BY CLEMENT DU PLESSIS
This is the last chapter of a four-part series about the former schoolboy and senior men’s sprint champion Gareth Mclean (Read part three here).
MCLEAN tells an interesting story of how he had been awarded Western Province Senior Schools Sports Union athletics colours.
“When Cecil Blows honoured the WP Senior Schools athletes with badges in 1974, he ran out of badges and some athletes did not get. I was unfortunate in not getting a WP badge for my blazer. One of the girls, Sharon Alexander, had an extra badge at home and gave it to me. It was, however, a 1973 badge. The picture that I have framed in my house is of the 1973 badge. Although I only represented WP Schools in 1974, it still gives me great joy looking at my senior schools’ badge as it brings back good memories of my days when I represented WP Senior Schools.”
Club meetings and Allan O’Ryan
Mclean speaks proudly about the club meetings at the University of Cape Town’s track in Pinelands.
“We had numerous meetings at the Pinelands track. These regular competitions kept us sharp. All the regulars were in attendance and we got to know each other on and off the track.”
It was there, at the club meetings, where he became good friends with another top athlete Allan O’Ryan.
“He loved athletics as much as I did. We trained together and socialised. Allan was a 400m specialist and held the SA title for a number of years but he was always keen to jump into the 100m for some speed training.”
The one-hour athletic meetings at the Athlone stadium was another highlight for Mclean.
Mclean and Collier
“The preparation for these competitions were very fierce, especially if May knew that Collier would be in attendance. At one such specific meeting at the Athlone Stadium, they had two beautiful trophies on display. One for the men’s 100m and the other for the men’s 200m. The Alec Jephta trophy for the 100m was magnificent. I was fortunate to win both the 100m and 200m trophies on the night. The photo with all the big names in the 100m is my favourite and I am particularly proud of it. George Montanus was second and Collier was third with Andy James in fourth place. I am not sure if Mohammed Paleker or Allan O’Ryan was in this race. Someone was in lane two and does not appear in the picture, but did not finish in the first four. It could be either one of them.”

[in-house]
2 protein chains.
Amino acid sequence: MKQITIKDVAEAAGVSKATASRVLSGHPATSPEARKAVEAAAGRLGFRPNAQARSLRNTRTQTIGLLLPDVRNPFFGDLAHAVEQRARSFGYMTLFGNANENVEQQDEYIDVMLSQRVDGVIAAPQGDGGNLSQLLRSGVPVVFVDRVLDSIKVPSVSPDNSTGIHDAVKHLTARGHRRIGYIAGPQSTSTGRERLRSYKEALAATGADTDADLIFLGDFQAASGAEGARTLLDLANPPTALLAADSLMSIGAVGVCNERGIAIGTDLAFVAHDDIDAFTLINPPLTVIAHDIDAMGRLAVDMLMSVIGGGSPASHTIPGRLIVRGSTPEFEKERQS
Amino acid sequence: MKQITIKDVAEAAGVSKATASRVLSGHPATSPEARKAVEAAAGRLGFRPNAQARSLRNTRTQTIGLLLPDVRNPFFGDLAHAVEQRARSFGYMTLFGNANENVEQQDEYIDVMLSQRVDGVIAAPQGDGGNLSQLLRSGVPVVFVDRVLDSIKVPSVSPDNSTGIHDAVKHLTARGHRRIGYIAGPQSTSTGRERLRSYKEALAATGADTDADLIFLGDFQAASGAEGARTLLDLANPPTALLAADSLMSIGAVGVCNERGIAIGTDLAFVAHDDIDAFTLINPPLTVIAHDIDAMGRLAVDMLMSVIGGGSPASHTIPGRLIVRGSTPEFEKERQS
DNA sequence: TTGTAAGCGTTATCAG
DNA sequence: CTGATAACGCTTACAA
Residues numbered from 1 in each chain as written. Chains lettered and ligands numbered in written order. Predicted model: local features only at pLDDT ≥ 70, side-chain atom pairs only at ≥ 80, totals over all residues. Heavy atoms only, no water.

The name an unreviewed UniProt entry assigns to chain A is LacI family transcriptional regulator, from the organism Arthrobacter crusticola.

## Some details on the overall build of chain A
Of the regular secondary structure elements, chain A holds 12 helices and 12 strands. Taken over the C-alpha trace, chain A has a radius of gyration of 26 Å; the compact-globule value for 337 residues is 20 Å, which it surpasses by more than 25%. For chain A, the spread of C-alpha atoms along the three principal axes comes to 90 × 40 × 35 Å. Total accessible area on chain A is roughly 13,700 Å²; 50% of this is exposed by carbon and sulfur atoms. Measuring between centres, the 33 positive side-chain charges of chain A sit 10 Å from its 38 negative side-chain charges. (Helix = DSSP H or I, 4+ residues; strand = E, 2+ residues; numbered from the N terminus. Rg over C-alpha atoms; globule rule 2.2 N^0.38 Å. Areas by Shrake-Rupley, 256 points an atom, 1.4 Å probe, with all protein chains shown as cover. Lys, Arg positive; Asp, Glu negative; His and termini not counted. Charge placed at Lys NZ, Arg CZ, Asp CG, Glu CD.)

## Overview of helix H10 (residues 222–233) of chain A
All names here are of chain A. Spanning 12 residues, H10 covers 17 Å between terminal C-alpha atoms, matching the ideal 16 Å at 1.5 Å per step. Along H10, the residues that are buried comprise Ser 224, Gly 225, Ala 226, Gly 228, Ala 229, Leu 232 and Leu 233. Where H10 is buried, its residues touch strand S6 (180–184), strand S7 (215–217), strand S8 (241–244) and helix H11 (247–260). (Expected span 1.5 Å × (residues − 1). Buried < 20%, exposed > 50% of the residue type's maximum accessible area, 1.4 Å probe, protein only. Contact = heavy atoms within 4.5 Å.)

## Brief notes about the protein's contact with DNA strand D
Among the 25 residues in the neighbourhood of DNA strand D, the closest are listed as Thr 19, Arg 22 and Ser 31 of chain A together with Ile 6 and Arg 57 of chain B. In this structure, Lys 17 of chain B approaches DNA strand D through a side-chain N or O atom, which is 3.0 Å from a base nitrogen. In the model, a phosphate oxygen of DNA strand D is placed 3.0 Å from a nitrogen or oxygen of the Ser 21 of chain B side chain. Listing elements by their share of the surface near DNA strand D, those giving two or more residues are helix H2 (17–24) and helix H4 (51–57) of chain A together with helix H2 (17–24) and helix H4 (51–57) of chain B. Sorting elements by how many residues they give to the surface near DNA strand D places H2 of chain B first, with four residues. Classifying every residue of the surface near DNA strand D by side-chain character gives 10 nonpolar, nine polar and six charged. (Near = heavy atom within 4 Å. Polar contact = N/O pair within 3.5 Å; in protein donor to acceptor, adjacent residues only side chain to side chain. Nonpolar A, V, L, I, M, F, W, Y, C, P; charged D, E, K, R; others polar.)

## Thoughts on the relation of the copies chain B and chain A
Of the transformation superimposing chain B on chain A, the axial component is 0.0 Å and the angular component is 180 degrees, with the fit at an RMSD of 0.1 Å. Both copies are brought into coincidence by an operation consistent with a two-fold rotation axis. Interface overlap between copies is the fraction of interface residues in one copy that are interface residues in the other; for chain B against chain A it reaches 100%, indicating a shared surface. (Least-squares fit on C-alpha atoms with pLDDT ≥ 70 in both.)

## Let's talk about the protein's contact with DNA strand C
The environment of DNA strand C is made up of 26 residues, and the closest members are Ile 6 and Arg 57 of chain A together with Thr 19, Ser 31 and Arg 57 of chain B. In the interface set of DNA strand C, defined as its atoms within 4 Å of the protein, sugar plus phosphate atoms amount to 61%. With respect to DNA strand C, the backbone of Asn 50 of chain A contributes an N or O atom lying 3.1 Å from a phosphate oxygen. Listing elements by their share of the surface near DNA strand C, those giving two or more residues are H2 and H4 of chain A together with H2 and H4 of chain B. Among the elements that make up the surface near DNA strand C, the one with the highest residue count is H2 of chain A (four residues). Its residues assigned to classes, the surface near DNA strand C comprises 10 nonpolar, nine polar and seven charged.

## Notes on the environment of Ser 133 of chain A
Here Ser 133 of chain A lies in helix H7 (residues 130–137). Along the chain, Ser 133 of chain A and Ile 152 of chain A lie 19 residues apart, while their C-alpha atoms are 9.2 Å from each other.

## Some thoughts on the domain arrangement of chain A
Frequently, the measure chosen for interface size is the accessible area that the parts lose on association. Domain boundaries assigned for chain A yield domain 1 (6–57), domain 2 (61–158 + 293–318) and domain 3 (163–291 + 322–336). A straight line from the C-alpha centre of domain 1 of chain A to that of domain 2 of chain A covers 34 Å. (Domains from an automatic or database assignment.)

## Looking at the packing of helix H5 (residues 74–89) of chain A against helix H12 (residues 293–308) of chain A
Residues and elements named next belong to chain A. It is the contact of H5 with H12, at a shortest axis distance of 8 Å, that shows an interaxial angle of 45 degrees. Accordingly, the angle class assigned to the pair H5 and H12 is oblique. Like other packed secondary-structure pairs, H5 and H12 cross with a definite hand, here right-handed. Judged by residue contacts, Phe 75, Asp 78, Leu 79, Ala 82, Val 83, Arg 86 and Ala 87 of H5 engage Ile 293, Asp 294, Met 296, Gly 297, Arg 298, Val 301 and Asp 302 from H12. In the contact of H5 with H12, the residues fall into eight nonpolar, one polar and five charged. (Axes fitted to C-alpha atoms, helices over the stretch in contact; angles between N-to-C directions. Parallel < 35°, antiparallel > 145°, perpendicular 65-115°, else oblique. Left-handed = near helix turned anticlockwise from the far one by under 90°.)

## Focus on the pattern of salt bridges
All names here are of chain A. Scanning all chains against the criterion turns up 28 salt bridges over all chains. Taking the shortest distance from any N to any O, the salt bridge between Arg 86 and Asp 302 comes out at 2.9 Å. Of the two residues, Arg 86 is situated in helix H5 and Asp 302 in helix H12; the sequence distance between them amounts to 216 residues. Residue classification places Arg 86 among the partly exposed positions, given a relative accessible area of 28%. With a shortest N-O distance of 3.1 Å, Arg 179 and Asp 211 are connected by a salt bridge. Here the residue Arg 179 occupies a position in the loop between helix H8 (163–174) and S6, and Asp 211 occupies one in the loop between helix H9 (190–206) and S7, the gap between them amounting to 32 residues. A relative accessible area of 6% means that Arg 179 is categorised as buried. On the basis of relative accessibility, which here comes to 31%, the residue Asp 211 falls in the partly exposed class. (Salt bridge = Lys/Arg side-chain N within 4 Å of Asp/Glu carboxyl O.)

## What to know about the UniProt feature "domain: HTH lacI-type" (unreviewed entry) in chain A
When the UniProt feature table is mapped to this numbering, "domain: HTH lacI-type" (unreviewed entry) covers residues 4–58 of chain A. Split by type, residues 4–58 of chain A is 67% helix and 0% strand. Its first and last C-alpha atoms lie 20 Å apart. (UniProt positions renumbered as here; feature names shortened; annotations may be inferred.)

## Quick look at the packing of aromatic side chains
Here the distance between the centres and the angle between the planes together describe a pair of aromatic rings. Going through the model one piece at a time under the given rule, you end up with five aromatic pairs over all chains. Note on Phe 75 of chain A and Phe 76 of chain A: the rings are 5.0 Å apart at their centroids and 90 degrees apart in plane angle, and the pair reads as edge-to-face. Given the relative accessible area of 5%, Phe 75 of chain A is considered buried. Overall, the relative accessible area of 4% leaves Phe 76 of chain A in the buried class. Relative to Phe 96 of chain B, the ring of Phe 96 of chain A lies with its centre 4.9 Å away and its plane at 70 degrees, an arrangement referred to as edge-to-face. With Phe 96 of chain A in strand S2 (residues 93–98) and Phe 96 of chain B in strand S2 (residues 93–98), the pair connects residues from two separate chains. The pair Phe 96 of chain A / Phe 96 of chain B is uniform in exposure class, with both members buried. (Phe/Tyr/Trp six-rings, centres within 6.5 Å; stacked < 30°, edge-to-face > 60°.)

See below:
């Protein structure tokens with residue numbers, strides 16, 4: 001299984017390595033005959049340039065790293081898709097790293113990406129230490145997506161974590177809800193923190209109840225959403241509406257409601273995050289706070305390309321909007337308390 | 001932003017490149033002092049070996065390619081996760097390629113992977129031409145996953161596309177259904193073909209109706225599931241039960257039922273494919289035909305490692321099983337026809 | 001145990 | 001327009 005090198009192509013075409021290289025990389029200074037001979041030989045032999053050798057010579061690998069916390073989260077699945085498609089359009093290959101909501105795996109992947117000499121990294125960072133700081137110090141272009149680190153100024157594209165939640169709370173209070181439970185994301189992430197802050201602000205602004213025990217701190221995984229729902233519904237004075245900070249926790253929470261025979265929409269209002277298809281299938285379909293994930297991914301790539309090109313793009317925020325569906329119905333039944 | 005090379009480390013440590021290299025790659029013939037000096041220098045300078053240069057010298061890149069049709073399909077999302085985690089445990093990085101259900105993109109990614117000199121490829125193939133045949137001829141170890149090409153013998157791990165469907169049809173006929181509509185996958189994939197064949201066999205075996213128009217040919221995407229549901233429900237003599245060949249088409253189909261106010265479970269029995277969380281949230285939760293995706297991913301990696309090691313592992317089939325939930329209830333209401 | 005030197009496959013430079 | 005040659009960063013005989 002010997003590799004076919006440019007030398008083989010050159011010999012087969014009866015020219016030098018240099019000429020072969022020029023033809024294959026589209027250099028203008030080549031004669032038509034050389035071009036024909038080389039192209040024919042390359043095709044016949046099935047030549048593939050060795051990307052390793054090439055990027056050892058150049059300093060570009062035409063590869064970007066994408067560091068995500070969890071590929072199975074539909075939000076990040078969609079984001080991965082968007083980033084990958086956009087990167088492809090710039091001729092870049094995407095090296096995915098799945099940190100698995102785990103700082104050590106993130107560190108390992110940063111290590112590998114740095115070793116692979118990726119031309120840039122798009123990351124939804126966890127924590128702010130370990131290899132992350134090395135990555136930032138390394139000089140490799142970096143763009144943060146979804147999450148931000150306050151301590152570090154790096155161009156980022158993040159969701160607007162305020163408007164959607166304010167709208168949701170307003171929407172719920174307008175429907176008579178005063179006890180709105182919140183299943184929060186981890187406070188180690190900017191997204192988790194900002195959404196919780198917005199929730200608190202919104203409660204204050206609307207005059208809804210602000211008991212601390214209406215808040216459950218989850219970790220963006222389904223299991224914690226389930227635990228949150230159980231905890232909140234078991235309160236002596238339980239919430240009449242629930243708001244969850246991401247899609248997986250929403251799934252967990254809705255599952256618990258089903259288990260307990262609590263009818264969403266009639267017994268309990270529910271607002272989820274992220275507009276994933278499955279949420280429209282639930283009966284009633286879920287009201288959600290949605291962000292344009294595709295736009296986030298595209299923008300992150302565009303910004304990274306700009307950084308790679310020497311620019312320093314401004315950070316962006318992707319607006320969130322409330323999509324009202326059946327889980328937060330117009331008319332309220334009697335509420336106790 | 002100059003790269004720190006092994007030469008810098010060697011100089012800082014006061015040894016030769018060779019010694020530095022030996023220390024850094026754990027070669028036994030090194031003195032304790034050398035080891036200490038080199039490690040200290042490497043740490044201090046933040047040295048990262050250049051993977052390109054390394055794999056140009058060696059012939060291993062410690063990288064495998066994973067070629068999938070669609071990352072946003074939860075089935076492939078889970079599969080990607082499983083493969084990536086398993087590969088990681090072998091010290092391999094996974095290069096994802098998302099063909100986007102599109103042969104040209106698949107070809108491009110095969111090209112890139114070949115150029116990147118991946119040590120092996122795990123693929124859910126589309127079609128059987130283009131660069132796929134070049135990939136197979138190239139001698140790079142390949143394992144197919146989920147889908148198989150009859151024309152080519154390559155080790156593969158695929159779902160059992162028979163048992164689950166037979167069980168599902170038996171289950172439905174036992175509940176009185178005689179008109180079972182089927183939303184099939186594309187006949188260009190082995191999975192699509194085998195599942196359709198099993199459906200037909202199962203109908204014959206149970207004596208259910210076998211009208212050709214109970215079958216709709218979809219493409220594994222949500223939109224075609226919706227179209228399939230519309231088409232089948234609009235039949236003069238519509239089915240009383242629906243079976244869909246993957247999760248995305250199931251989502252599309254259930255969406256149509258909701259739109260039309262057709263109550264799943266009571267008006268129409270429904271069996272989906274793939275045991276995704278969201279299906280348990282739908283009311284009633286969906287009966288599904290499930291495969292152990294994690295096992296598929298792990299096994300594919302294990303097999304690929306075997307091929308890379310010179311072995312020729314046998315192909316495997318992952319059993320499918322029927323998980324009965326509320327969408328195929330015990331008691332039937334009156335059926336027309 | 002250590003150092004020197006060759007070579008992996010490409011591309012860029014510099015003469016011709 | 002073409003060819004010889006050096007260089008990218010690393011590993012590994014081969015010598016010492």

(Mclean is referring to the featured photograph, above, from left: Collier, James, and Mclean)
Mclean also describes the fierce rivalry in the medley relay between WP and Natal.
“The medley relay (800m, 200m, 200m and 400m) was always the highlight at the end of the day at the SA Championships. It was not just a race. It was an all-out war. WP vs Natal. Eddie May would be like a general marshalling his troops. He usually picked the team. Wilfred Daniels (800m); Andy James (first 200m); Gareth Mclean (second 200m) and Allan O’Ryan (400m). We faced the Natal team of Jock Munduray, Percy Chetty, Yusuf Motala, and Ismail Collier. I remember the last medley relay at the Athlone Stadium against Natal. Eddie was filming with his 8mm camera. At the last hand over, he forgot he was filming and threw down his camera and ran across the field while urging us on. We won the relay but Eddie’s camera was broken and the race was not recorded.”
The Mclean interview was a long one indeed and he signed off saluting the athletes of yesteryear:
“To all my fellow athletes from our glory days in the 1970’s, I say thank you for the wonderful memories. John Wippenaar, The Charles twins, Herman Gibbs, Vernon Balie, Andy James, George Montanus, Mohammed Paleker, Ismail Collier, Allan O’Ryan and lastly, my mentor Eddie May.
“I salute you all. Remember, as Allan O’Ryan said: “LEGENDS NEVER DIE!”